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Ceremony of Remembrance for the Chartists, who died at the Westgate Inn

 

Annually for thirty years, people have gathered at 6pm on November 4th in the old Parish churchyard of Newport’s Cathedral. We assemble to remember the Chartists killed on that day in 1839 at the Westgate Inn. Ten men were buried in the St. Woolos graveyard.

 

Many bring a flower to lay at the memorial stone. Some light a candle. Others provide appropriate poems. It a moment in the ‘civic’ calendar when people from all democratic parties and from none, put aside political differences and remember that our liberties and freedoms were gained by the sacrifices of previous generations and that their retention depends upon eternal vigilance. A roll call of the names of the Chartists who died in 1839, discovered by historical research, will be read.

 

This ceremony was started in 1986 by members of the Newport Local History Society (notably Richard Frame and David Osmond), because there was no visible, public recognition of the buried Chartists at St. Woolos. Paul Flynn set up the George Shell Society to promote this event on an annual basis and by 1988 a stone memorial was placed in the churchyard, unveiled by the novelist, Alexander Cordell. The stone was carved by local stonemason, the late Les ‘Tombstone’ Thomas of Caerau Road, not to be confused with Leslie Thomas, the novelist. Due to popular enthusiasm, the commemoration has continued every year for round about half an hour, usually starting at 6pm (as it will this year) through wind and rain for 30 years. Sometimes down to half a dozen stalwarts, but happily since 2007 attended by large numbers - this is an inclusive event that has always been OPEN to EVERYONE.

 

This year, the ceremony is coordinated by Dame Rosemary Butler DBE on behalf of Our Chartist Heritage. Since the early days of the ceremony, it has become the tradition for the Cathedral Dean to welcome everyone and this year is no exception with the Very Rev.d Lister Tonge attending. When Rowan Williams was Bishop of Monmouth, he participated and for more than a decade the Mayor of Newport has taken part. Today the event has entered the 'civic' calendar. It is good to see numbers of Councillors from all parties attending, as do the Newport MPs and AMs.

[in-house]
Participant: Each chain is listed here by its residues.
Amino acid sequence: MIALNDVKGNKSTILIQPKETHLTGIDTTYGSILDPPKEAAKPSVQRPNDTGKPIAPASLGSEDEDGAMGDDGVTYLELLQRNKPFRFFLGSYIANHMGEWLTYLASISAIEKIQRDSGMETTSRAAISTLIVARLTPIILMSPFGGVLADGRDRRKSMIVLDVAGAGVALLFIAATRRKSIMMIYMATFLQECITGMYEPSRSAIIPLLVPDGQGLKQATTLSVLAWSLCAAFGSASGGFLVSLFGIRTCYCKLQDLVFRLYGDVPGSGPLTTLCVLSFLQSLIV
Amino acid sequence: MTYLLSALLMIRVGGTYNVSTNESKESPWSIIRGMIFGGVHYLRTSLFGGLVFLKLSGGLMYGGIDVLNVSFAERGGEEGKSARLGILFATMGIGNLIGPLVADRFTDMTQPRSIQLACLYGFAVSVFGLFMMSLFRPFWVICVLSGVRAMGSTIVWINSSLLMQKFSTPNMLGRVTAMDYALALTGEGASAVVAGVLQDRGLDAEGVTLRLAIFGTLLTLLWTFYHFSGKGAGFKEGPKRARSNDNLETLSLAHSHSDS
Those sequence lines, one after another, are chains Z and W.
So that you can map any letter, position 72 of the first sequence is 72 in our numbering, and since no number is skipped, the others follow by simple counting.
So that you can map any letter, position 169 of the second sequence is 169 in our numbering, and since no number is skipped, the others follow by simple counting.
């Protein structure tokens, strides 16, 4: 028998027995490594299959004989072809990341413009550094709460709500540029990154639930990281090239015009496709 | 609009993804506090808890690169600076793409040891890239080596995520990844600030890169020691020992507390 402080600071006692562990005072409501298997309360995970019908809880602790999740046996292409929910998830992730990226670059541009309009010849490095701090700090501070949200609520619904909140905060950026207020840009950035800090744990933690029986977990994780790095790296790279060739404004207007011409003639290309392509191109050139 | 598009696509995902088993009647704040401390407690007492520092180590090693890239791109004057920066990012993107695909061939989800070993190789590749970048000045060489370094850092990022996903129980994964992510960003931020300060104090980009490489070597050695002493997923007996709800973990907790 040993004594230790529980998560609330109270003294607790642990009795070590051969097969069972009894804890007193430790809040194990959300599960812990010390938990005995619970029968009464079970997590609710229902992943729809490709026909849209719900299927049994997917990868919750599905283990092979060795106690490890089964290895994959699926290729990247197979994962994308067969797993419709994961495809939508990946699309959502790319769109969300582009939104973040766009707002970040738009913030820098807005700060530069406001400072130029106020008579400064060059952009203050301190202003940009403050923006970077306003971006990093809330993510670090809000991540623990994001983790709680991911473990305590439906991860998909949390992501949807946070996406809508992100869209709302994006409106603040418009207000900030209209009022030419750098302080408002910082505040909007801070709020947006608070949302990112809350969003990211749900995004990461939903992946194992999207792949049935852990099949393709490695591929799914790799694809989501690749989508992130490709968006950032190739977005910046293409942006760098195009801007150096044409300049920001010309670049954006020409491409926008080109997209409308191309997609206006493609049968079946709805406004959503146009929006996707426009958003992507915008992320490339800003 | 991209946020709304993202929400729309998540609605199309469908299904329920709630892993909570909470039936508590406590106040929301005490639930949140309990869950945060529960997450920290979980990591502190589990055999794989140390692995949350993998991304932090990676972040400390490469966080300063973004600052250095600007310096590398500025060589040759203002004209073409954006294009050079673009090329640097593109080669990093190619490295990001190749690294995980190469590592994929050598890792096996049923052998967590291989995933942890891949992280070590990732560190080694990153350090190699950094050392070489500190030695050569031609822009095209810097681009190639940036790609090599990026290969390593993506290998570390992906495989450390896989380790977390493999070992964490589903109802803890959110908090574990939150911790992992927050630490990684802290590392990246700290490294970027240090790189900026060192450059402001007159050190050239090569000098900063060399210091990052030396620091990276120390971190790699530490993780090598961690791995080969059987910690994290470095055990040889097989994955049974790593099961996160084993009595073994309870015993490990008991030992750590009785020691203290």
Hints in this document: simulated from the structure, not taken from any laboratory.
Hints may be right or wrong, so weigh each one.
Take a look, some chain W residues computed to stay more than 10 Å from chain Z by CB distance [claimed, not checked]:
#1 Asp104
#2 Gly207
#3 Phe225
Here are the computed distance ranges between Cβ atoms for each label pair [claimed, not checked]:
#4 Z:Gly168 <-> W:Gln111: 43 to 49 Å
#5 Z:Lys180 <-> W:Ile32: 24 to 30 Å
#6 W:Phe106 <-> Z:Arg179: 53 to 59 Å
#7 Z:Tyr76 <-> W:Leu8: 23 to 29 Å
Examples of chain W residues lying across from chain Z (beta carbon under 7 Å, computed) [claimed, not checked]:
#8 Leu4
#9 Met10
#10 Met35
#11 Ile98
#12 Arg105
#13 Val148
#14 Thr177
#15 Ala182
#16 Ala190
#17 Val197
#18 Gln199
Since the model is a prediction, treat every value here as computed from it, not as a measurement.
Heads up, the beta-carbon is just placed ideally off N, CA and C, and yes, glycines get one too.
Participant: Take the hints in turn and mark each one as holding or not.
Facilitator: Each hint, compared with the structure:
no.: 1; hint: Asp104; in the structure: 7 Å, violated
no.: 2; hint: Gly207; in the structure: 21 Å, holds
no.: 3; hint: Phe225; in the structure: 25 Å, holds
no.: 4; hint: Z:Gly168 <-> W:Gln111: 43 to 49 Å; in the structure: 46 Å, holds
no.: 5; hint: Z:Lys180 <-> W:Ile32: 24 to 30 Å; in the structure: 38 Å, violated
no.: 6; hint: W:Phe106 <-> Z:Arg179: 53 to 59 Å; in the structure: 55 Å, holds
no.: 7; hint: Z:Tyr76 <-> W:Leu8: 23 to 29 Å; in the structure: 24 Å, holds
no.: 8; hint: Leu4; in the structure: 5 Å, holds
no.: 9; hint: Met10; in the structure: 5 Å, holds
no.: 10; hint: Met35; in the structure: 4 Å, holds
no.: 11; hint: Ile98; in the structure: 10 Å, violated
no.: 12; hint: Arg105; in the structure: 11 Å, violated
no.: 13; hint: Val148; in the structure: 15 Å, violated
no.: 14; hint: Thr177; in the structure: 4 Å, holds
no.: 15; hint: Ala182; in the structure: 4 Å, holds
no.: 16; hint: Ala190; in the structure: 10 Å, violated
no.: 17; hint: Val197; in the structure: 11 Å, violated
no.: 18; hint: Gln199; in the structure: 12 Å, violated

HOW MANY CHARTISTS DIED?

Even though the injured were predominantly, and the dead solely, to be found amongst the Chartists, the battle at the Westgate Inn was within hours declared an act of treason by the Deputy Lord Lieutenant, Reginald Blewitt MP. It was taken for granted that the violence was caused by the protesters. Blewitt was keen to prove that local Chartist leaders had deliberately perpetrated violence against Her Majesty’s army. In the immediate aftermath, Newport’s police superintendent Hopkins left the removal of the bodies to the army and busied himself collecting the scattered Chartist weapons as evidence. The magistrates were anxious to play down the scale of violence meted out by the military. William Brewer, magistrate and coroner, held a peremptory inquest of the ten bodies placed in the stable stalls at the rear of the hotel. He declared cause of death ‘justifiable homicide’. He was only able to identify George Shell, the rest remained anonymous in the official records.